In this seventh "episode" of the National Institute of Justice's (NIJ's) "Just Science" series, three researchers involved in a 3-year NIJ-funded project begun in 2015 discuss the project's creation of a qualitative scoring system that indicates major changes over time frames in desiccated remains.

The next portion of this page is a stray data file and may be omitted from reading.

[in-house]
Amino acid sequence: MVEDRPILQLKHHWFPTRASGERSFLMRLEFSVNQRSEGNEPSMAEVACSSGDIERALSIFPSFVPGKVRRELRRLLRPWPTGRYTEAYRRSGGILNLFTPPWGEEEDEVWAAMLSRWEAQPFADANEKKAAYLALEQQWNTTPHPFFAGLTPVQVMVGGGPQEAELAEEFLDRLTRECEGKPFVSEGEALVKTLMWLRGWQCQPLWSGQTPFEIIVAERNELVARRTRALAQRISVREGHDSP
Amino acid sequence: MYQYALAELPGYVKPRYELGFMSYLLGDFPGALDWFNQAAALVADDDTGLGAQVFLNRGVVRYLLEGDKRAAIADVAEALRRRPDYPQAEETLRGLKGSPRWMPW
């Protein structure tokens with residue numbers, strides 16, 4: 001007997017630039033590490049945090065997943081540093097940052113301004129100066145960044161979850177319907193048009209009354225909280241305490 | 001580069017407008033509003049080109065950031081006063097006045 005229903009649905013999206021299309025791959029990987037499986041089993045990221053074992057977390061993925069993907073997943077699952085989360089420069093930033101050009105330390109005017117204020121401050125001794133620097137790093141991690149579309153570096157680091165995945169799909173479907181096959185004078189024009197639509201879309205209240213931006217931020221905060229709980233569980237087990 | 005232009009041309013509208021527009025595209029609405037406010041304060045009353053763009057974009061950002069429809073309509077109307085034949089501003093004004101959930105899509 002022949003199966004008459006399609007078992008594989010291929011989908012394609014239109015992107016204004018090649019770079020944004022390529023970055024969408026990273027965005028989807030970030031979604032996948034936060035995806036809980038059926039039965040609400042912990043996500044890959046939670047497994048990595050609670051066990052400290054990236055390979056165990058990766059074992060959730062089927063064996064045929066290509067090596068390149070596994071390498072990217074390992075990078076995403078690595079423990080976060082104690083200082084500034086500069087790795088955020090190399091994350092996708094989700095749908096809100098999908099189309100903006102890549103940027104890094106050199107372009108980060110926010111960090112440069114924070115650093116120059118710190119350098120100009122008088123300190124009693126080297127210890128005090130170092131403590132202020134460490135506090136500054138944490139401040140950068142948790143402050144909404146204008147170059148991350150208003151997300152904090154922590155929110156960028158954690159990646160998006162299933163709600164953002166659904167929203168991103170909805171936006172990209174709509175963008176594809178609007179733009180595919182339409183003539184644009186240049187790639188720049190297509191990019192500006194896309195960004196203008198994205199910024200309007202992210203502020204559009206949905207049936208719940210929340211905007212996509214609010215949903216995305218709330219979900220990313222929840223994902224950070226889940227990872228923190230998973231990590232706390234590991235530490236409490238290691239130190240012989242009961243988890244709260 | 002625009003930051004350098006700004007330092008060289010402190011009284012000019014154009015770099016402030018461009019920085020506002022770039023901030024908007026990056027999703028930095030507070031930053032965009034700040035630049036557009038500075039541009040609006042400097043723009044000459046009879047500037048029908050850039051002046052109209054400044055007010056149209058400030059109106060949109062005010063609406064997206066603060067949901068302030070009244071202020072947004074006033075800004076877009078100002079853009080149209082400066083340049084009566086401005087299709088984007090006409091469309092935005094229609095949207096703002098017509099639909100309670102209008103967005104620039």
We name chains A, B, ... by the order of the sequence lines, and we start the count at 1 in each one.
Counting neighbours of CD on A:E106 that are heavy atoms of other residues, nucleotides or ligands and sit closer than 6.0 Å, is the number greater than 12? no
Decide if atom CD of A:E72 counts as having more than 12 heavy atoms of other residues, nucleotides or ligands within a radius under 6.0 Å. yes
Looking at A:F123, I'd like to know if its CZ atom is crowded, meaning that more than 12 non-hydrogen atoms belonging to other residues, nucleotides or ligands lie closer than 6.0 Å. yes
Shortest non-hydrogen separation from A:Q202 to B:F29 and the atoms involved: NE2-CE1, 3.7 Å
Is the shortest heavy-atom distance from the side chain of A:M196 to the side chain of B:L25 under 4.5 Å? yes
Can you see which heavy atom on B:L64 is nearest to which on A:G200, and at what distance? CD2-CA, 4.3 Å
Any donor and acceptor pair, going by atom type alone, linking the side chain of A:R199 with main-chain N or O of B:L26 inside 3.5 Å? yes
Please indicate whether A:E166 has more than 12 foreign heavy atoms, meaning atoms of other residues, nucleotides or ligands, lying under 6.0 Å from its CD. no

The three speakers are Dr. Melissa Connor, Dr. Eriek Hansen, and Christiane Baigent. The project was conducted at Colorado Mesa University. The qualitative scoring system created is called the Total Body Desiccation Score (TBDS). The two methods used in creating this system are the bioelectrical impedance analysis (BIA) and total body desiccation (completely dry skeleton). Each of the speakers briefly reports on her/his background of expertise and involvement in the forensic analysis of postmortem interval. They indicate that the "body farm" at Colorado Mesa University is suitable for tracking postmortem interval of bodies to the point of dry bone skeletization due to the climate at the site. The description of methodology encompasses measurements taken through bioelectrical impedance analysis, statistical analysis, and scoring for time of death to the point of total body desiccation under specific climate conditions.